The Hen Harrier – Wildlife Wednesdays.

Our weekly dive into our beautiful Irish wildlife – This week is the Hen Harrier.

This series will help your family reconnect with Ireland’s unique and wonderful wildlife.

Each week we cover a new animal or bird that appears in the Johnny Magory book series.

Johnny Magory and the Game of Rounders
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This week we cover the rare Hen Harrier in Garavogue Bog, Co. Kildare Ireland.

Hen Harrier

Here’s some key facts to recap on the Hen Harrier:

  • The Irish is claimín na gcearc.
  • The longest lifespan reported is 16 years and 5 months. The average is 16.6 months.
  • The male and female differ so much in appearance that historically people believed they were two different species of bird.
  • Males are grey with black tipped wings, females are much larger with brown feathers. Both have a distinctive white rump and barred tails giving them the nickname “ring-tails”. Their wingspan is between 99cm – 122cm. They glide with their wings held in its characteristic shallow V.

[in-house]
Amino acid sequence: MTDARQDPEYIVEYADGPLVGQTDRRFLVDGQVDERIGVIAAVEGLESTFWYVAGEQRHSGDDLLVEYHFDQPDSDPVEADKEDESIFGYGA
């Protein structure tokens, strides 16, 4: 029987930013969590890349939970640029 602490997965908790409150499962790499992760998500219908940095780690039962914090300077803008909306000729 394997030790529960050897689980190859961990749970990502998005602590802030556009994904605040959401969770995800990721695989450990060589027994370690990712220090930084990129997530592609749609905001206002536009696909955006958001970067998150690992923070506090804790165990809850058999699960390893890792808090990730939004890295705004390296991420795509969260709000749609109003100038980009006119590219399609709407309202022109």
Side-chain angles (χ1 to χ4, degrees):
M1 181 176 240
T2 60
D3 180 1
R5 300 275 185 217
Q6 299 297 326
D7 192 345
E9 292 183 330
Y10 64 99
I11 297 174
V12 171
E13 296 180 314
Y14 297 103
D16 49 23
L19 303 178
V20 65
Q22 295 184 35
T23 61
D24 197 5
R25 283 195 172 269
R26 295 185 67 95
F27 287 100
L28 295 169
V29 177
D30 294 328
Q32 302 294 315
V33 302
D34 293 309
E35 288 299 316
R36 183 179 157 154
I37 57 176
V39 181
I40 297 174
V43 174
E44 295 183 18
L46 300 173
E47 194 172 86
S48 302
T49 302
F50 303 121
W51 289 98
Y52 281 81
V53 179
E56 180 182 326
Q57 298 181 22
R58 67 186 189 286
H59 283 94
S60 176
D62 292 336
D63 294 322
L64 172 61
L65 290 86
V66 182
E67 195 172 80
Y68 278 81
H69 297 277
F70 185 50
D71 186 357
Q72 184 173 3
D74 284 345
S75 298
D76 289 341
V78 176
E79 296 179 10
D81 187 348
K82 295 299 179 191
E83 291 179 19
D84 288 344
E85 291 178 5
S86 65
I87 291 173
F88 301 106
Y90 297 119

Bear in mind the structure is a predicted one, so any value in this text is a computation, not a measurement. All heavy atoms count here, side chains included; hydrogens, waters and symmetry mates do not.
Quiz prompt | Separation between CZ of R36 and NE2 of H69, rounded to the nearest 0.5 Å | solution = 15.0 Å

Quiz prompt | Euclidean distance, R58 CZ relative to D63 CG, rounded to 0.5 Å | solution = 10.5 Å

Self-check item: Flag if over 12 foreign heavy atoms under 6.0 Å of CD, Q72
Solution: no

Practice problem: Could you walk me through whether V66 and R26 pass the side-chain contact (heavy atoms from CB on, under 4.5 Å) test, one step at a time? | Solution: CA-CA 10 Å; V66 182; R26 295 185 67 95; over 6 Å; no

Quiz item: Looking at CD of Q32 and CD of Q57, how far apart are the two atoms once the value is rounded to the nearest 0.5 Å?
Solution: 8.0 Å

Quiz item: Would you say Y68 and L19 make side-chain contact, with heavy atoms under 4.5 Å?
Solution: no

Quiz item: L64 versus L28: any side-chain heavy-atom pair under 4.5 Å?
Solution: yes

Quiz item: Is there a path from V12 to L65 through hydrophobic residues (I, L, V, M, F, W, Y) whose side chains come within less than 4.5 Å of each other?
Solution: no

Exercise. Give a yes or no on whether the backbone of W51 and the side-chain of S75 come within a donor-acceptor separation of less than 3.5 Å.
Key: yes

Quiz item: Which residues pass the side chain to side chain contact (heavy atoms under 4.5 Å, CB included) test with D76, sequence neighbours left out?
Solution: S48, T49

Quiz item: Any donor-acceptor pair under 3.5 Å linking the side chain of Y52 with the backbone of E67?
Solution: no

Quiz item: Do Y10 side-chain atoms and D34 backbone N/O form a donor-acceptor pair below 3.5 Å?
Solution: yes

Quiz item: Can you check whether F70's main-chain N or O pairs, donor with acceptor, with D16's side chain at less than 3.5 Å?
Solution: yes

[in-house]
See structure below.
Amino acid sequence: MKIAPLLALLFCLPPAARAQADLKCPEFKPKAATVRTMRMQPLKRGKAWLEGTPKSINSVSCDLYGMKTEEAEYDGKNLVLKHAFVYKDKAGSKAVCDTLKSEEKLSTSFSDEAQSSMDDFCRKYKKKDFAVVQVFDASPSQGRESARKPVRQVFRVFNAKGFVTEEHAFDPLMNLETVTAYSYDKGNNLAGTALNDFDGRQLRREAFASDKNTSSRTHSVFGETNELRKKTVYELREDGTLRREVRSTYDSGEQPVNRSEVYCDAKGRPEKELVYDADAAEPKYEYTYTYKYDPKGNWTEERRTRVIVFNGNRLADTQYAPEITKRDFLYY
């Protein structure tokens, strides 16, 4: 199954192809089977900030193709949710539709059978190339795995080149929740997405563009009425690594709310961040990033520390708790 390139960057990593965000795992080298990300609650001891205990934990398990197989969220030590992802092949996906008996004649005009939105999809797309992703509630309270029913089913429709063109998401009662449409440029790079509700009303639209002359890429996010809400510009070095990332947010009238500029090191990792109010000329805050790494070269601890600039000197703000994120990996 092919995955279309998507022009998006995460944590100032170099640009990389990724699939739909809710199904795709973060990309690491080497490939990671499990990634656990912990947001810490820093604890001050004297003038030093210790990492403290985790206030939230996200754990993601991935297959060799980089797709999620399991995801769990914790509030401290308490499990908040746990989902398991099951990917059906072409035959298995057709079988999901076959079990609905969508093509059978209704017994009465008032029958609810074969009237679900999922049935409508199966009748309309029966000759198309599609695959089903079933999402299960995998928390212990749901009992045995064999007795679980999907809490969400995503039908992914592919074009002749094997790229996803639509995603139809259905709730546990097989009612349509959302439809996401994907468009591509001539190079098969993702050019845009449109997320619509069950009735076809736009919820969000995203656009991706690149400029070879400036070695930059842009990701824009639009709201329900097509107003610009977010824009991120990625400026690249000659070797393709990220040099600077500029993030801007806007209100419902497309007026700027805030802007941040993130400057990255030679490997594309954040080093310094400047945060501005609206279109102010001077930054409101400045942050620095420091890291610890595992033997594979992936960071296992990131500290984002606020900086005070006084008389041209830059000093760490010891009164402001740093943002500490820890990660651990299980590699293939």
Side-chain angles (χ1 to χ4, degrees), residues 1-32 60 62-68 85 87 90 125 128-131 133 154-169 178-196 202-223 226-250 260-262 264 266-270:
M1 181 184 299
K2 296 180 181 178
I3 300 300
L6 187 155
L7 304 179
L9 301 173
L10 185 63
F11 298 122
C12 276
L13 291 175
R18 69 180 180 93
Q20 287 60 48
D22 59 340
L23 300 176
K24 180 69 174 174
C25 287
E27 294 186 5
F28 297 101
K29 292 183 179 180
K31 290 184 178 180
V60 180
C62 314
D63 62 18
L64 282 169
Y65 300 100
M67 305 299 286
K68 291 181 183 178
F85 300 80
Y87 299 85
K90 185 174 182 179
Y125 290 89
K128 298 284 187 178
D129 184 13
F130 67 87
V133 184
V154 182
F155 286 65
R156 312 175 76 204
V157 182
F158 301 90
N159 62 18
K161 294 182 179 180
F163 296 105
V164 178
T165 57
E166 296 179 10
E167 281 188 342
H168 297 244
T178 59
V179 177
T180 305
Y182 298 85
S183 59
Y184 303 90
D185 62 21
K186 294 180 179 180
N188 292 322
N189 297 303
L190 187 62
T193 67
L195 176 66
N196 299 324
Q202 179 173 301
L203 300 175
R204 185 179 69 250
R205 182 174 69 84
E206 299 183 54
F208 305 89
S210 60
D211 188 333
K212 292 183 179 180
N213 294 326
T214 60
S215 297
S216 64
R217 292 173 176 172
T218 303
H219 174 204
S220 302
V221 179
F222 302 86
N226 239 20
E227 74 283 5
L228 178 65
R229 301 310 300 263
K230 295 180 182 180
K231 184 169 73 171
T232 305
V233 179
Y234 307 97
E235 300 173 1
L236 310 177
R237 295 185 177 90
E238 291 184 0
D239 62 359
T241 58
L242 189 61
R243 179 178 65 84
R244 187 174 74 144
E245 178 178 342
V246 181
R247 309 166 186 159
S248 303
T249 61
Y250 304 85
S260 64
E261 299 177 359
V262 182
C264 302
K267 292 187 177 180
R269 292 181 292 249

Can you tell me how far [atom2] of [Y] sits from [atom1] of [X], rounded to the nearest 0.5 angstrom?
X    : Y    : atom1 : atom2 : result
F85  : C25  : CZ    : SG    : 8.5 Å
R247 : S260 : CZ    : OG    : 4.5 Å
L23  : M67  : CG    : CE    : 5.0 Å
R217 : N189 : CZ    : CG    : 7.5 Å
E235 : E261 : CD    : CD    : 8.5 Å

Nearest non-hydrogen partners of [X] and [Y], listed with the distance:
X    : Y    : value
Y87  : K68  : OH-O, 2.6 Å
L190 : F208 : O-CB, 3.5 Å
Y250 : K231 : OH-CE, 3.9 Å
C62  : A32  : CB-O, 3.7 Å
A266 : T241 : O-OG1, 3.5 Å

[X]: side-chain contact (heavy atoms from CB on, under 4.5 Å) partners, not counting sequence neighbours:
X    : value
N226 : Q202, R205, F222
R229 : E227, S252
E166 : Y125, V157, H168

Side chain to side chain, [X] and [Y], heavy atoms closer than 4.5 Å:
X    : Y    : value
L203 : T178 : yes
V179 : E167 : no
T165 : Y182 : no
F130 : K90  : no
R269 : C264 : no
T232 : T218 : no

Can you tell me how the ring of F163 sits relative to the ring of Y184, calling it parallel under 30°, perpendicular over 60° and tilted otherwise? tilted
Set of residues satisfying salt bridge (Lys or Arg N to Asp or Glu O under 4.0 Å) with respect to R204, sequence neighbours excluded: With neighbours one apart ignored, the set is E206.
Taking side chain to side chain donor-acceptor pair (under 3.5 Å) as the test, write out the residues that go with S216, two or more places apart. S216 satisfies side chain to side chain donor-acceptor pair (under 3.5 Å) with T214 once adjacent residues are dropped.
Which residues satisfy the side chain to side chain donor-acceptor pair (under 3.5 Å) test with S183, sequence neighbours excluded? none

• At the start of the breeding season, in late March, the male hen harrier performs a breath-taking tumbling, somersaulting display that involved plummeting towards the ground then rearing up almost vertically before dropping suddenly again.
  • Hen Harriers nest on the ground laying 4-6 pale blue eggs once a year. The female guards the nest while the male hunts. Males may mate with more than one female and will hunt for each nest.
  • Harriers feed on small birds, mammals & occasionally reptiles, amphibians and large insects.
  • Males returning from a successful hunting trip deliver food to their mates in a spectacular aerial manoeuvre called a ‘food pass’. As he approaches the nest area, the male calls to the female, who rises to meet him. The male then either drops the food for the female to catch, or delivers it to her directly in mid-air, his mate swinging upside down beneath him to take the prey from his feet into the grasp of her own talons.
  • The most recent Birdwatch Ireland survey in 2015 estimated the population to be 108-157 breeding pairs.
  • If you see a Hen Harrier… A scheme has been developed to find out where the Hen Harriers are going and coloured tags on the back of wings will help tell us where. If you spot a Hen Harrier at any time of year, please contact: Sandra Irwin at or Barry O Donoghue – 0879110715,

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